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  • Kendra R. Shatswell

External Parasites in Goats - Lice

Chewing Lice

According to Merck Vet Manual, goats are susceptible to three species of chewing lice: Damalinia caprae or the common goat louse, D. limbata also known as the Angora goat biting louse, and D. crassipes the hairy goat louse (1). As their names suggest, the latter two usually favor long hair animals. Chewing lice feed on skin, keratin found in hair, and skin secretions (2,3). They are typically species specific, but sheep and goats might share types of lice; some sources indicate that, while the lice may feed on their unusual host, they might not reproduce.


Chewing lice have a flat body and wide head and are yellowish brown, sometimes with noticeably darker stripes along the body. Nymphs (immature lice) are yellow and look similar but smaller, often described as “grains of sand.” Females lay eggs called nits; these white specks are found on hair shafts, usually close to the animal’s body (5).


Sucking Lice

The linognathus species africanus and stenopsis are the main species of sucking lice to affect goats. Linognathusafricanus, or the African blue louse, as its name suggests, originated in Africa but has spread to the United States and other parts of the world. “L. stenopsis or the goat sucking louse is found in temperate regions worldwide” according to the NC State Extension website (5). Sucking lice have more oval-shaped bodies and pointed heads compared to chewing lice. Their mouthparts pierce the skin, allowing the lice to feed on blood (6). Abdomens are usually a blueish gray color and heads and legs appear orange or red. Abdomens will be blood-filled. As with chewing lice, female sucking lice lay white nits on the hair shafts of the host animal. Nymphs look identical to adults, only smaller (4).


Life Cycle

Lice are quite susceptible to temperature and even sunlight, making them more of an issue in the cool months rather than summer. Humidity is also a factor, with optimal relative humidity falling between 50-90% and anything over 90% causing a population decline in D. caprae chewing lice (7). Nits of d. caprae hatch best at a temperature of 86 degrees Fahrenheit (7). Remember that the nits are close to the goat, where they will be warmer. Depending on which source read, a lice life cycle can complete in 25-30 days, with eggs hatching anywhere from 7 to 14 days (5, 6, 8).


In terms of how long lice can survive off of the host, studies have varied. Nits are unlikely to hatch when removed from their host. Nymphs and adults can survive as little as a few hours to as long as a month, depending on environmental conditions. On the animal, lice move to different locations on the goat to account for temperature or humidity fluctuations or to avoid sunlight. In this manner, a few lice may escape notice and survive unfavorable conditions long enough to eventually repopulate in favorable ones. Transmission is primarily animal to animal, but lice may also hitch a ride on humans or equipment. (4, 5, 8)




Clinical Signs

Obvious symptoms are scratching and rubbing in an attempt to remove the irritants. The hair coat might be dull or patchy. Nits are secured to a hair shaft with a type of glue, and this can cause a matted appearance. Discomfort can lead to such “extreme grooming” that the animal is subject to hairballs (10). Sucking lice in great numbers can cause anemia, especially in young kids. Production loss and weight loss are also possible. Interestingly, lice can cause secondary issues as well. “Infestation with sucking lice have been shown to cause immunosuppression, while chewing lice have been shown to produce significant inflammatory response in goats” – Sheep, Goat, and Cervid Medicine by Pugh, page 234. (1, 3, 4, 8)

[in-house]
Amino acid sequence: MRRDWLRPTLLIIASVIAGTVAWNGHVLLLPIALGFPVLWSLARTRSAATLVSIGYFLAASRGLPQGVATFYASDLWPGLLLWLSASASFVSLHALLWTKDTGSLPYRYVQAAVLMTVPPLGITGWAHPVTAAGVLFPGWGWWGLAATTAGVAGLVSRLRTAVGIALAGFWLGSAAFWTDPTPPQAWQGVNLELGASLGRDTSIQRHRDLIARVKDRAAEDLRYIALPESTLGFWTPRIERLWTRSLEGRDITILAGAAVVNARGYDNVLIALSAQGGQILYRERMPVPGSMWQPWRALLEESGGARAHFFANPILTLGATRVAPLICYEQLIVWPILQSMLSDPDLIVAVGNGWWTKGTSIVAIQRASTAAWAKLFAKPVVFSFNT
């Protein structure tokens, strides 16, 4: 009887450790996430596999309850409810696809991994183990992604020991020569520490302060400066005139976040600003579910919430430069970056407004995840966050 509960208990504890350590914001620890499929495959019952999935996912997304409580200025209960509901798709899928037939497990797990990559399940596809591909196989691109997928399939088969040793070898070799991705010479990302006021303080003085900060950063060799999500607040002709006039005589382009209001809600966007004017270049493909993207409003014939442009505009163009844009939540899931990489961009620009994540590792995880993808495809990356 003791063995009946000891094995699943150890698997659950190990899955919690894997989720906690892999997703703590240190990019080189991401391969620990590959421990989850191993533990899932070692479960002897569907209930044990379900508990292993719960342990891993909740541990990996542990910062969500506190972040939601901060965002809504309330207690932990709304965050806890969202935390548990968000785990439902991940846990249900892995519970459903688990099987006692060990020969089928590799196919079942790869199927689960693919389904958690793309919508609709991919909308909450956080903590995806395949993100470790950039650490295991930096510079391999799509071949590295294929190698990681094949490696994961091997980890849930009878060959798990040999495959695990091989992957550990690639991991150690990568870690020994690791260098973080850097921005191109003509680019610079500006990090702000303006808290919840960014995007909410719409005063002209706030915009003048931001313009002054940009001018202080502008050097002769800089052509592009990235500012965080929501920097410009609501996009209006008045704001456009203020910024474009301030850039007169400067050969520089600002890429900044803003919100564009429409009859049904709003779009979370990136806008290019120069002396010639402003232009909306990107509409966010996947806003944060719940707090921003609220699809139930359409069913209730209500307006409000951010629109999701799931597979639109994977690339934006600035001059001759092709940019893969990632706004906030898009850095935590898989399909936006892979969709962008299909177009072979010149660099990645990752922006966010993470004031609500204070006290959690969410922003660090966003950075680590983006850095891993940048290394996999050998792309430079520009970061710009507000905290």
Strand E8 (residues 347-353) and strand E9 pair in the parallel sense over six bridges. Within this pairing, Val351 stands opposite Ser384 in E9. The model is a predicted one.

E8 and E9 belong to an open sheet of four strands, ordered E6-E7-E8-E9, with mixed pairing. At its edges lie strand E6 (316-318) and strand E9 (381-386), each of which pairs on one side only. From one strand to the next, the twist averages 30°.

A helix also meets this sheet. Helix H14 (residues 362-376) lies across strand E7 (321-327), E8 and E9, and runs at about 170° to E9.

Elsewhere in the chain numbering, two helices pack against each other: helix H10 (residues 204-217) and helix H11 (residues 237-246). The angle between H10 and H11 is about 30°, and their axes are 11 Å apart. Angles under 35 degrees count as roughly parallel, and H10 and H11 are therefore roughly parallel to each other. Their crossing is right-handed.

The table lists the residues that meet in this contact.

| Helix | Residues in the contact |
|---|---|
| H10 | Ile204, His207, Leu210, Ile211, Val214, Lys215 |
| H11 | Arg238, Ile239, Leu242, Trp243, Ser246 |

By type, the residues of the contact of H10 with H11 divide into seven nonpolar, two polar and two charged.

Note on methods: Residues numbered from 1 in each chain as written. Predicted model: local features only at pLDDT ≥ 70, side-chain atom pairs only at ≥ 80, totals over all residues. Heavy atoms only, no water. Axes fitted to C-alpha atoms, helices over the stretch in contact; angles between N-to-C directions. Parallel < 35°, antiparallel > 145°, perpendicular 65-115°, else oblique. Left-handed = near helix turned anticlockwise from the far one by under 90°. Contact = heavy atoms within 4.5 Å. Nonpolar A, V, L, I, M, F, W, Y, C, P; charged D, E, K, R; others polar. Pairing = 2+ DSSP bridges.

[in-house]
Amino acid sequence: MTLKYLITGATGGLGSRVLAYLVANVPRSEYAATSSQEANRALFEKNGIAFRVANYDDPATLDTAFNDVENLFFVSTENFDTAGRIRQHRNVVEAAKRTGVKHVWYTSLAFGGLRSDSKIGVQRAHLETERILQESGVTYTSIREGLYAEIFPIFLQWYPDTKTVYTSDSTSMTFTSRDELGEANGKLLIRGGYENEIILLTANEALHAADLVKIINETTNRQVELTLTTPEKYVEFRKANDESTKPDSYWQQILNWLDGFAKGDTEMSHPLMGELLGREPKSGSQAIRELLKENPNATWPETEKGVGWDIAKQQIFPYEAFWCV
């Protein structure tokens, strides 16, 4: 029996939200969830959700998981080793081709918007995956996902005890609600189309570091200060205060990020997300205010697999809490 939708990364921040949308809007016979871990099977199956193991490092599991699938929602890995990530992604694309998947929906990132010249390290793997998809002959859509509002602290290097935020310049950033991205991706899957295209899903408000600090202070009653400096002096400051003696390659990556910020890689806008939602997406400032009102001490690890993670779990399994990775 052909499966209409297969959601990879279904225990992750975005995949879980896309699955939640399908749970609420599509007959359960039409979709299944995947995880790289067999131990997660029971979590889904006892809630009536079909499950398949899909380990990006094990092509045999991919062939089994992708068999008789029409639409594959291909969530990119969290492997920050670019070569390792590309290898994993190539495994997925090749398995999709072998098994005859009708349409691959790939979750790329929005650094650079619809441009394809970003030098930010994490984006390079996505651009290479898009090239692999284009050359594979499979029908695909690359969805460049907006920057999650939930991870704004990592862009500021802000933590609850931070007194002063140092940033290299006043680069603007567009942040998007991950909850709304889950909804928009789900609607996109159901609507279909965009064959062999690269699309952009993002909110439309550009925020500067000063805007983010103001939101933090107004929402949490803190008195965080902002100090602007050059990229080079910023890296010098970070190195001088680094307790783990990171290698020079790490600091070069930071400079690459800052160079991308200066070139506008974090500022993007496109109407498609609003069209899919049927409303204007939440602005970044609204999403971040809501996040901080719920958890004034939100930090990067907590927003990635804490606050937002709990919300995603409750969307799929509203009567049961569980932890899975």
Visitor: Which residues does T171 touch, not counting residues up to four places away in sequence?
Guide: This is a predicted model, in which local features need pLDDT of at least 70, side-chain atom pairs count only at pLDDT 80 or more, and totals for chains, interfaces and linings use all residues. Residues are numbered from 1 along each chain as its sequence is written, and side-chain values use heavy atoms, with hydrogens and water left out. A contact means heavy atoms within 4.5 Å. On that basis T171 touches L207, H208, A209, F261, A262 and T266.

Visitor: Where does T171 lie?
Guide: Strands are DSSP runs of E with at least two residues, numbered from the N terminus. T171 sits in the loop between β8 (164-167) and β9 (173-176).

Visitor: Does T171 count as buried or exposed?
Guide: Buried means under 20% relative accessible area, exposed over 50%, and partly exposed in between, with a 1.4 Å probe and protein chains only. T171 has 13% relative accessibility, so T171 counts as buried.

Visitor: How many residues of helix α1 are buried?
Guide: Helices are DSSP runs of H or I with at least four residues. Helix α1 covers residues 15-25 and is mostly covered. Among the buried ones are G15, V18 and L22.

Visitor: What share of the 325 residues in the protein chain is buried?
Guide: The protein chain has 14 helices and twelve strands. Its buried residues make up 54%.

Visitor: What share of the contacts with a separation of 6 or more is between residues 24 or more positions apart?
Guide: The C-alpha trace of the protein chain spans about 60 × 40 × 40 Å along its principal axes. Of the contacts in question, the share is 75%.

In the rare instance a goat is infected with the sheep foot louse, lameness is possible (9).

goat lice nits or eggs

Goats can harbor a few lice without any noticeable clinical signs, so an occasional exam is a good idea. Lice are visible to the naked eye, but a magnifying glass or even the zoom feature on a phone or camera might help. For a more precise examination of species, the producer might utilize sticky tape and a microscope. Certain coat colors might make the lice harder to see, as can thicker undercoats. Part the hair in several areas and look for either eggs or lice. Favorite locations are where they are harder to scratch off – the back, withers, and head are good places to start inspecting. Adult chewing lice might quickly hide when exposed, but sucking lice are unlikely to release and flee. Nits are often situated along the back and around the head. (3, 10)


Treatment

Possible treatments include powders, pour-ons, injectables, dips, and more. It must be first established that not all the following products will work for both types of lice. Generally speaking, injectables are effective only on sucking lice, not chewing – this is why it is important to correctly identify the type if the product you're using does not combat both types. Effective active ingredients are usually one of the various pyrethoids or avermectins. Common pyrethoids include cypermethrins, permethrins, or cyfluthrins (11).


Avermectins include ivermectins (don't forget to check out the blog post on dewormer classes here!). It is of utmost importance to note that any ivermectin is also a dewormer and so using one of these products for lice treatment will also be deworming your animals but POORLY because it is being used as either a topical or injectable, which can lead to resistant internal parasites – more on that here: https://www.wormx.info/oralmox and here https://extension.sdstate.edu/are-your-dewormers-effective-your-sheep-or-goat.


Most products will NOT kill nits so it is necessary to perform at least two treatments, administering the second in about 10-14 days to kill emerging nymphs.*